17
\$\begingroup\$

About the Series

First off, you may treat this like any other code golf challenge, and answer it without worrying about the series at all. However, there is a leaderboard across all challenges. You can find the leaderboard along with some more information about the series in the first post.

Although I have a bunch of ideas lined up for the series, the future challenges are not set in stone yet. If you have any suggestions, please let me know on the relevant sandbox post.

Hole 6: Roll a d20

A very common die in table-top RPGs is the twenty-sided die (an icosahedron, commonly known as d20). It is your task to roll such a die. However, if you were just returning a random number between 1 and 20, that would be a bit trivial. So your task is to generate a random net for a given die.

We'll use the following net:

enter image description here

It's a triangle strip, so it can be easily represented as a list of integers. E.g. if you are given the input:

[1, 2, 3, 4, 5, 6, 7, 8, 9, 10, 11, 12, 13, 14, 15, 16, 17, 18, 19, 20]

That would correspond to the following die (fun fact: this is the net used by Magic: the Gathering life counters/spin-down dice).

enter image description here

However, this is not the only net representing this die. Depending on how we unroll the faces, there are 60 different nets. Here are two more:

[1, 8, 9, 10, 2, 3, 4, 5, 6, 7, 17, 18, 19, 11, 12, 13, 14, 15, 16, 20]
[10, 9, 18, 19, 11, 12, 3, 2, 1, 8, 7, 17, 16, 20, 13, 14, 4, 5, 6, 15]

Or graphically (I didn't rotate the face labels for simplicity):

enter image description here enter image description here

The Challenge

Given an a list of integers representing a die (as described above) and an integer N, output N independently, uniformly random d20 nets corresponding to the given die. (That is, each of the 60 possible nets should have the same probability of being generated.)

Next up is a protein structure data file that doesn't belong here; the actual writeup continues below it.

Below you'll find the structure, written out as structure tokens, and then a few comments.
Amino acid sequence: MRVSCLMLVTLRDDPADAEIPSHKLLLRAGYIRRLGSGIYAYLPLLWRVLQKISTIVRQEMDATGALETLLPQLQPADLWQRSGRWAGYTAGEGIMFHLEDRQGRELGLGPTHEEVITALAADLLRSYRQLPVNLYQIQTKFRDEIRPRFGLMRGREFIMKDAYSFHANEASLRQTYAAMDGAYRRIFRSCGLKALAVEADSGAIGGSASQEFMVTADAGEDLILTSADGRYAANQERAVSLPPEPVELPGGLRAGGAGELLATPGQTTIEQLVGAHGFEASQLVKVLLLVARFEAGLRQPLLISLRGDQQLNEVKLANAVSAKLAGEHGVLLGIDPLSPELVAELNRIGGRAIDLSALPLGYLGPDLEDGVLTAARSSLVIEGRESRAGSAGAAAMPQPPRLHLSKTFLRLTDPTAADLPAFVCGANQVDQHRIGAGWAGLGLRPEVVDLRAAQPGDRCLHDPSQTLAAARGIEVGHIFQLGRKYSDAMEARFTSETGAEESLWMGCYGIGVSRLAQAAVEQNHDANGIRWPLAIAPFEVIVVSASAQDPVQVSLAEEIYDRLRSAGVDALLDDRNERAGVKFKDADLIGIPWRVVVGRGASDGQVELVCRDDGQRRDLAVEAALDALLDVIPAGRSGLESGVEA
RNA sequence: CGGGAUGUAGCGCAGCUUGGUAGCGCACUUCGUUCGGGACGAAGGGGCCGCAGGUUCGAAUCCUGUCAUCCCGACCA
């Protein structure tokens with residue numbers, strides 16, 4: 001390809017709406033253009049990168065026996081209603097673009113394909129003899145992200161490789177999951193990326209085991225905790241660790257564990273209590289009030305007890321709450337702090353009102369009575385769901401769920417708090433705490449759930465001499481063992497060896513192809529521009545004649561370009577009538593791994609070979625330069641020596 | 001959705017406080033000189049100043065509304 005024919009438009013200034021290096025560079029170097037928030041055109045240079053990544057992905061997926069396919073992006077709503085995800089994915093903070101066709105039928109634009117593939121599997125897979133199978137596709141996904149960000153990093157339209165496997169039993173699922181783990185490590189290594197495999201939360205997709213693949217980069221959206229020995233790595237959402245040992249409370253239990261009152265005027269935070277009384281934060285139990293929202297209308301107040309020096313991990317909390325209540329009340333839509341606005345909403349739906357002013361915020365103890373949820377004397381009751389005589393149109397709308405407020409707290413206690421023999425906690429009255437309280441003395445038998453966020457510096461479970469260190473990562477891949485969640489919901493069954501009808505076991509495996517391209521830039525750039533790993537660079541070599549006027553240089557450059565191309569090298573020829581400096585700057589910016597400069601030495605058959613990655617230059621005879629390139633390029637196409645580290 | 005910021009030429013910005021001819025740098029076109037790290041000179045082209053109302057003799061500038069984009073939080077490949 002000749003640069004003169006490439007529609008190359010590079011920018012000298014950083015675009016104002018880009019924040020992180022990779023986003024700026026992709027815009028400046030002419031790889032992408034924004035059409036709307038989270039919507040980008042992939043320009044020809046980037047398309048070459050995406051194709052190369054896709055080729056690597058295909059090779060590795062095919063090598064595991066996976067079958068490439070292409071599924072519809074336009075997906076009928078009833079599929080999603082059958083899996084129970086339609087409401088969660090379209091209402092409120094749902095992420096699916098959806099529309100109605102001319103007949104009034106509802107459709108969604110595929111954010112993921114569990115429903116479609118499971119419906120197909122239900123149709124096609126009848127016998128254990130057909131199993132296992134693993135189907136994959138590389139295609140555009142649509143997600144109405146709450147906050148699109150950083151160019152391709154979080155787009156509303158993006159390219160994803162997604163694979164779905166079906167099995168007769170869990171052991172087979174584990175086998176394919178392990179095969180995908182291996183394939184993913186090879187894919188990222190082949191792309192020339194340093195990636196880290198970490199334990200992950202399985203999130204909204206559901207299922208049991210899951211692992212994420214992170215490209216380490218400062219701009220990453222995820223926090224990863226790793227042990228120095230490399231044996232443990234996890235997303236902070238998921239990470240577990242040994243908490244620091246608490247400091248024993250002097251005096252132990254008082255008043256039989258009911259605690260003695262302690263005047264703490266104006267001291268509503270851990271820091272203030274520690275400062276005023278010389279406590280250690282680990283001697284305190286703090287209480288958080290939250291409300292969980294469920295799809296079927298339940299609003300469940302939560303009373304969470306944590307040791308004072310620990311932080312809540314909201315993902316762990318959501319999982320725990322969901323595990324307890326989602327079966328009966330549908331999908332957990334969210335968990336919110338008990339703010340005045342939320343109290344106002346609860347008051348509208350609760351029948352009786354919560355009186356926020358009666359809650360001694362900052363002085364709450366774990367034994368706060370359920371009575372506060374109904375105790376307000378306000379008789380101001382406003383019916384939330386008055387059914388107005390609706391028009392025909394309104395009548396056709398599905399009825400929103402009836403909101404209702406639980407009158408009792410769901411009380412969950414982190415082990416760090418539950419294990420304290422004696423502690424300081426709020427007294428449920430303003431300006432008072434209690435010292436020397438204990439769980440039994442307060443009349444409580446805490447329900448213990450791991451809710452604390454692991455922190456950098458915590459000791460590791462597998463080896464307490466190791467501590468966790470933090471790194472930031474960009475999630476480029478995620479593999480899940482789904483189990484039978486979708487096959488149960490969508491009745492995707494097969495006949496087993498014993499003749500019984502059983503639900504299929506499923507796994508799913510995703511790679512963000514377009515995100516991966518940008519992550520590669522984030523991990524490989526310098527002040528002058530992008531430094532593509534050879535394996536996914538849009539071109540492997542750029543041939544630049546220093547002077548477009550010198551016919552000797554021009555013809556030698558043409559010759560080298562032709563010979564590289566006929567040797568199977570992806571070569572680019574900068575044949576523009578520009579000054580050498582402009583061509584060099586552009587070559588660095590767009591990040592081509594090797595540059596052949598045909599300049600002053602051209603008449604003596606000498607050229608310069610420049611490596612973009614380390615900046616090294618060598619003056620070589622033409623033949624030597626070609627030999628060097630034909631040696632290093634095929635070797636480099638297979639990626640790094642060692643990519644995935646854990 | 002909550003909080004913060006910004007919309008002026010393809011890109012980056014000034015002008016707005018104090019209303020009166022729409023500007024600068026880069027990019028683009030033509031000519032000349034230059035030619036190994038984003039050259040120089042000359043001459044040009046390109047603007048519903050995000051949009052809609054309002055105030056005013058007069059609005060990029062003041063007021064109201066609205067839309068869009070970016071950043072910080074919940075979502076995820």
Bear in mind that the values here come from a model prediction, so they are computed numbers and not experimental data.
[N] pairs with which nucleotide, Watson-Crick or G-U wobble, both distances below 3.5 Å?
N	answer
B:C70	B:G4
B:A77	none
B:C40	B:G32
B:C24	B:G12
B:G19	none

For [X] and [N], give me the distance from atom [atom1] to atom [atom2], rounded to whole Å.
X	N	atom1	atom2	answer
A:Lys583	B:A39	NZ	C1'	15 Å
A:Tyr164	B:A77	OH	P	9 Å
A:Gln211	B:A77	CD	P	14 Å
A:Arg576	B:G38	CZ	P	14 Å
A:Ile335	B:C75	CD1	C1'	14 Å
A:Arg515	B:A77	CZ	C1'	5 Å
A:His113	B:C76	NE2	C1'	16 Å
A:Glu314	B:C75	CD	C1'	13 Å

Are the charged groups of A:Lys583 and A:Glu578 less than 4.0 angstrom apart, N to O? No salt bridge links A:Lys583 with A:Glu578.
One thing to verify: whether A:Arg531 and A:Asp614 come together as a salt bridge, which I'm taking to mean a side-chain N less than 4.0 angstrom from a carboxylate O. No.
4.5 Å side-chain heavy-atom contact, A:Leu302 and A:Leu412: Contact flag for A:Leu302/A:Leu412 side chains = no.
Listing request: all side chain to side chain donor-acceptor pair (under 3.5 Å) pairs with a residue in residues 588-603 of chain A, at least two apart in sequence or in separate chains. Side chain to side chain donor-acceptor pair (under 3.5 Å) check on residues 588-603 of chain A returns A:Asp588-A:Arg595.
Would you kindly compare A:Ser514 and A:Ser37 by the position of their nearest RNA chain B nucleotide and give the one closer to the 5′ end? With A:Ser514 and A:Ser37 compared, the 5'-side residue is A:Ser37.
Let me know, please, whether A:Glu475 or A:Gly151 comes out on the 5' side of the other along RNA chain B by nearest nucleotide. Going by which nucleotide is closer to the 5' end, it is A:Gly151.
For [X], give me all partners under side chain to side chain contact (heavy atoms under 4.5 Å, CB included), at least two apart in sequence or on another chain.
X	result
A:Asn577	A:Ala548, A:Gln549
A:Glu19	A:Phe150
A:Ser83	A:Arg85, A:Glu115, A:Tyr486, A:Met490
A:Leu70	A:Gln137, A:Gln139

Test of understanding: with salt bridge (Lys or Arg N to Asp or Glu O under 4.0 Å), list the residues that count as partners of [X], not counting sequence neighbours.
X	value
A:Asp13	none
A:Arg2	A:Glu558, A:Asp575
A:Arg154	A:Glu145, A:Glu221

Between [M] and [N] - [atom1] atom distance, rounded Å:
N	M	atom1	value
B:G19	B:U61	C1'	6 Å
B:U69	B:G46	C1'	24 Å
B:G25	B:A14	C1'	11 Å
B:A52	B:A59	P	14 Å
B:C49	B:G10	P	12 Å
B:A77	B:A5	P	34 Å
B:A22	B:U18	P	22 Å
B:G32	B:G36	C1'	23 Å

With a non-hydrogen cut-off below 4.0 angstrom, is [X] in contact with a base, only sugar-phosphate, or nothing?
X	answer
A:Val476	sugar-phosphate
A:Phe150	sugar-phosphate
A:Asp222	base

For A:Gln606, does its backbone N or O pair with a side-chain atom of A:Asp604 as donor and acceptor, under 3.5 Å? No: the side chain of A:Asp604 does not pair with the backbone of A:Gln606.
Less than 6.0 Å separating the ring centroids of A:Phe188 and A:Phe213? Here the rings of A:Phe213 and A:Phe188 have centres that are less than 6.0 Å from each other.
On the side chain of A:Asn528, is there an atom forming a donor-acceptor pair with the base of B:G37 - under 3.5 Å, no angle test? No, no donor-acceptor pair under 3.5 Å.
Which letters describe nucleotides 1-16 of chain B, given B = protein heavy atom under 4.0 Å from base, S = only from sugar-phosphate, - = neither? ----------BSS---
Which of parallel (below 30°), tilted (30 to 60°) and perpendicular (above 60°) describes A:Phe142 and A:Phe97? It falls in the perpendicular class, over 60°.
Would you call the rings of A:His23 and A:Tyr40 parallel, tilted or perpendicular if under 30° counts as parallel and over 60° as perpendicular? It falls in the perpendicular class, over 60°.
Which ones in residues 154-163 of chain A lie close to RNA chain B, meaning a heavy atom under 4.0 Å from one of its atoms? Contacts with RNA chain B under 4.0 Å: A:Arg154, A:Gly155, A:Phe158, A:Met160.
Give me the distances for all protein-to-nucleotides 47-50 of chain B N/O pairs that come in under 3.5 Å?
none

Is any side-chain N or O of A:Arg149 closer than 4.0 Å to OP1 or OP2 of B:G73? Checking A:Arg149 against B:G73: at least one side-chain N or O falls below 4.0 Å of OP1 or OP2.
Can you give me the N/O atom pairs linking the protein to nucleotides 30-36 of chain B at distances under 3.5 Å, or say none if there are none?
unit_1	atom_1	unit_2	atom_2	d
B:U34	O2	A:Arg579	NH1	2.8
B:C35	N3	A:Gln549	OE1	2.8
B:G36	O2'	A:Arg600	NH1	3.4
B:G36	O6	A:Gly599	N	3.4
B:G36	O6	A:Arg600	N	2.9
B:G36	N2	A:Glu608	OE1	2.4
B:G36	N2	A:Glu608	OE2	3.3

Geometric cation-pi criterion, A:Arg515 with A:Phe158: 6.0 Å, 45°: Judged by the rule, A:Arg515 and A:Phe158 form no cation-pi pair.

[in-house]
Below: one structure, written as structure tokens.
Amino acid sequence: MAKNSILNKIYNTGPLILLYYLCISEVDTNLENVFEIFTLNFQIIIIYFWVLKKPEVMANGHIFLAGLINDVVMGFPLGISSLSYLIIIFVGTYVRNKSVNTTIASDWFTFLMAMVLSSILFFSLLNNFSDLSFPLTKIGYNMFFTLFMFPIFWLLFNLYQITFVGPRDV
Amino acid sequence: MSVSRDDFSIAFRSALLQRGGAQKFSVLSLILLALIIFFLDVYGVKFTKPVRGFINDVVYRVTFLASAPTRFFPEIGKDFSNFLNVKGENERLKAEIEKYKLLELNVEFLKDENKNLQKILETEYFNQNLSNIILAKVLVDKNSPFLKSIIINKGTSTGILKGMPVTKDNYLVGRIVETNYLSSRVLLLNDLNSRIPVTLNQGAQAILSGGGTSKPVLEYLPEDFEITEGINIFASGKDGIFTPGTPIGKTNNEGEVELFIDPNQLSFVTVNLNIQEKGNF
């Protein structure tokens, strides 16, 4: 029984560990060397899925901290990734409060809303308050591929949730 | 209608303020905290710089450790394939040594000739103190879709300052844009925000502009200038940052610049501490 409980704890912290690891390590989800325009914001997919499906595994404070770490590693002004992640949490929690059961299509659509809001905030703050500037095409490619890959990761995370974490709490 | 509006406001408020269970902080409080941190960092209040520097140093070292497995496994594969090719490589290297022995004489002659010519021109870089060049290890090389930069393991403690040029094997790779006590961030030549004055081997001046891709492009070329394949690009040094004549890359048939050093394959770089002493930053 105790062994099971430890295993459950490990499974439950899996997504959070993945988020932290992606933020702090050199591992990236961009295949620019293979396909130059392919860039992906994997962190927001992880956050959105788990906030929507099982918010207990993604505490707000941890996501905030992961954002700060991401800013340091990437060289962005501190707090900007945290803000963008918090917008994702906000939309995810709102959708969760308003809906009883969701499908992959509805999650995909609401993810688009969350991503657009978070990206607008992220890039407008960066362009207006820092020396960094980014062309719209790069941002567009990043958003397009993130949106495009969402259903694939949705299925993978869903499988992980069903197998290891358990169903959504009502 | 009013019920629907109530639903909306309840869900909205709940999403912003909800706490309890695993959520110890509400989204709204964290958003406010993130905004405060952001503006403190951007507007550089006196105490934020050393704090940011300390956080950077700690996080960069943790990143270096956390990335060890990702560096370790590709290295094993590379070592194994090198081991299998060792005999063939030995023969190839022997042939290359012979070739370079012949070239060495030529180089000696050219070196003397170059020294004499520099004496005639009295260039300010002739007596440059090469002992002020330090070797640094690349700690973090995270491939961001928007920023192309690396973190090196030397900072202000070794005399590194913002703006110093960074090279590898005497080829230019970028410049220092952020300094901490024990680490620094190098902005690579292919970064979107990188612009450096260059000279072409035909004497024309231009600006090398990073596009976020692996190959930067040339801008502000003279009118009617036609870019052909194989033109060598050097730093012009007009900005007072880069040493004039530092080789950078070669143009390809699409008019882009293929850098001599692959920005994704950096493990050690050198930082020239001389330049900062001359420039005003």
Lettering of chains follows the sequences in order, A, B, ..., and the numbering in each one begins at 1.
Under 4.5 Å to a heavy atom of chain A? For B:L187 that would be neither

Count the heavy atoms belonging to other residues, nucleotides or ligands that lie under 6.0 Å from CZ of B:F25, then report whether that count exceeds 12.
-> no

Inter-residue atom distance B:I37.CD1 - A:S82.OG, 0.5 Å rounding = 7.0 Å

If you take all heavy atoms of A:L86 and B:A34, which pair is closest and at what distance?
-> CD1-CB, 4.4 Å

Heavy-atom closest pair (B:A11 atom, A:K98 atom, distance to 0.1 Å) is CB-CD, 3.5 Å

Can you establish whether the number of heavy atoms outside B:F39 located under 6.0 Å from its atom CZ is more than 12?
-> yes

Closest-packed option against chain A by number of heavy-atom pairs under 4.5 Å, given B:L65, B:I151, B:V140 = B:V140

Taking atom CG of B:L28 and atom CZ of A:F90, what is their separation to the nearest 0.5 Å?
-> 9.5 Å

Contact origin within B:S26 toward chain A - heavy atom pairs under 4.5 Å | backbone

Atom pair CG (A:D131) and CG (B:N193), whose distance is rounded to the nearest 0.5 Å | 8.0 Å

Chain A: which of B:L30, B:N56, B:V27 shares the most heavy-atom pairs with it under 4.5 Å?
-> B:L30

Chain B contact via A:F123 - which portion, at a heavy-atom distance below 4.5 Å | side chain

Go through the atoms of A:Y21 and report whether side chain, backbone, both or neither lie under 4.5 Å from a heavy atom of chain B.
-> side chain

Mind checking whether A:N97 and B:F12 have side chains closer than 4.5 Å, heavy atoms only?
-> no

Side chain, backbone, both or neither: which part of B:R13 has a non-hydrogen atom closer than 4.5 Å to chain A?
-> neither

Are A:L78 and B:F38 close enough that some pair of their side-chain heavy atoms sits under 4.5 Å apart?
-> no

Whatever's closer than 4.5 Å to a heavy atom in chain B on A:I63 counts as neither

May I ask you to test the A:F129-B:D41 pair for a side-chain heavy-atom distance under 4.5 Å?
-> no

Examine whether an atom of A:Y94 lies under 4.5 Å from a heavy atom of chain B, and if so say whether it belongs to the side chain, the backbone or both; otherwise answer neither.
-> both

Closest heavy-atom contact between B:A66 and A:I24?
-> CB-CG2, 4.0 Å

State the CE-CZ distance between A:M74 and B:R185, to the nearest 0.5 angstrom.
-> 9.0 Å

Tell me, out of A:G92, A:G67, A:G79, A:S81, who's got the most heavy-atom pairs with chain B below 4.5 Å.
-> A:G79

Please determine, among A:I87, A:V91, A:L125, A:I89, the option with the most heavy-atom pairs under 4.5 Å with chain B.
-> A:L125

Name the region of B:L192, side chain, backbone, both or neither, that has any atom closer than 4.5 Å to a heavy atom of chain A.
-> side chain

Of course, due to the technical limitations of PRNGs, perfect uniformity will be impossible. For the purpose of assessing uniformity of your submission, the following operations will be regarded as yielding perfectly uniform distributions:

  • Obtaining a number from a PRNG (over any range), which is documented to be (approximately) uniform.
  • Mapping a uniform distribution over a larger set of numbers onto a smaller set via modulo or multiplication (or some other operation which distributes values evenly). The larger set has to contain at least 1024 times as many possible values as the smaller set.

Given these assumptions your algorithm must yield a perfectly uniform distribution.

Your program should be able to generate 100 nets in less than a second (so don't try generating random nets until one corresponds to the die given above).

You may write a program or function, taking input via STDIN (or closest alternative), command-line argument or function argument and outputting the result via STDOUT (or closest alternative), function return value or function (out) parameter.

Input and output may be in any convenient, unambiguous, flat list format. You may assume that the face values of the d20 are distinct, positive integers, which fit into your language's natural integer type.

This is code golf, so the shortest submission (in bytes) wins. And of course, the shortest submission per user will also enter into the overall leaderboard of the series.

Sample Outputs

For the input

[1, 2, 3, 4, 5, 6, 7, 8, 9, 10, 11, 12, 13, 14, 15, 16, 17, 18, 19, 20]

The 60 possible nets (provided I didn't make a mistake), in no particular order, are:

[11, 10, 9, 18, 19, 20, 13, 12, 3, 2, 1, 8, 7, 17, 16, 15, 14, 4, 5, 6]
[1, 2, 3, 4, 5, 6, 7, 8, 9, 10, 11, 12, 13, 14, 15, 16, 17, 18, 19, 20]
[8, 7, 17, 18, 9, 10, 2, 1, 5, 6, 15, 16, 20, 19, 11, 12, 3, 4, 14, 13]
[3, 12, 13, 14, 4, 5, 1, 2, 10, 11, 19, 20, 16, 15, 6, 7, 8, 9, 18, 17]
[3, 4, 5, 1, 2, 10, 11, 12, 13, 14, 15, 6, 7, 8, 9, 18, 19, 20, 16, 17]
[11, 19, 20, 13, 12, 3, 2, 10, 9, 18, 17, 16, 15, 14, 4, 5, 1, 8, 7, 6]
[4, 14, 15, 6, 5, 1, 2, 3, 12, 13, 20, 16, 17, 7, 8, 9, 10, 11, 19, 18]
[2, 10, 11, 12, 3, 4, 5, 1, 8, 9, 18, 19, 20, 13, 14, 15, 6, 7, 17, 16]
[4, 5, 1, 2, 3, 12, 13, 14, 15, 6, 7, 8, 9, 10, 11, 19, 20, 16, 17, 18]
[10, 2, 1, 8, 9, 18, 19, 11, 12, 3, 4, 5, 6, 7, 17, 16, 20, 13, 14, 15]
[3, 2, 10, 11, 12, 13, 14, 4, 5, 1, 8, 9, 18, 19, 20, 16, 15, 6, 7, 17]
[7, 8, 1, 5, 6, 15, 16, 17, 18, 9, 10, 2, 3, 4, 14, 13, 20, 19, 11, 12]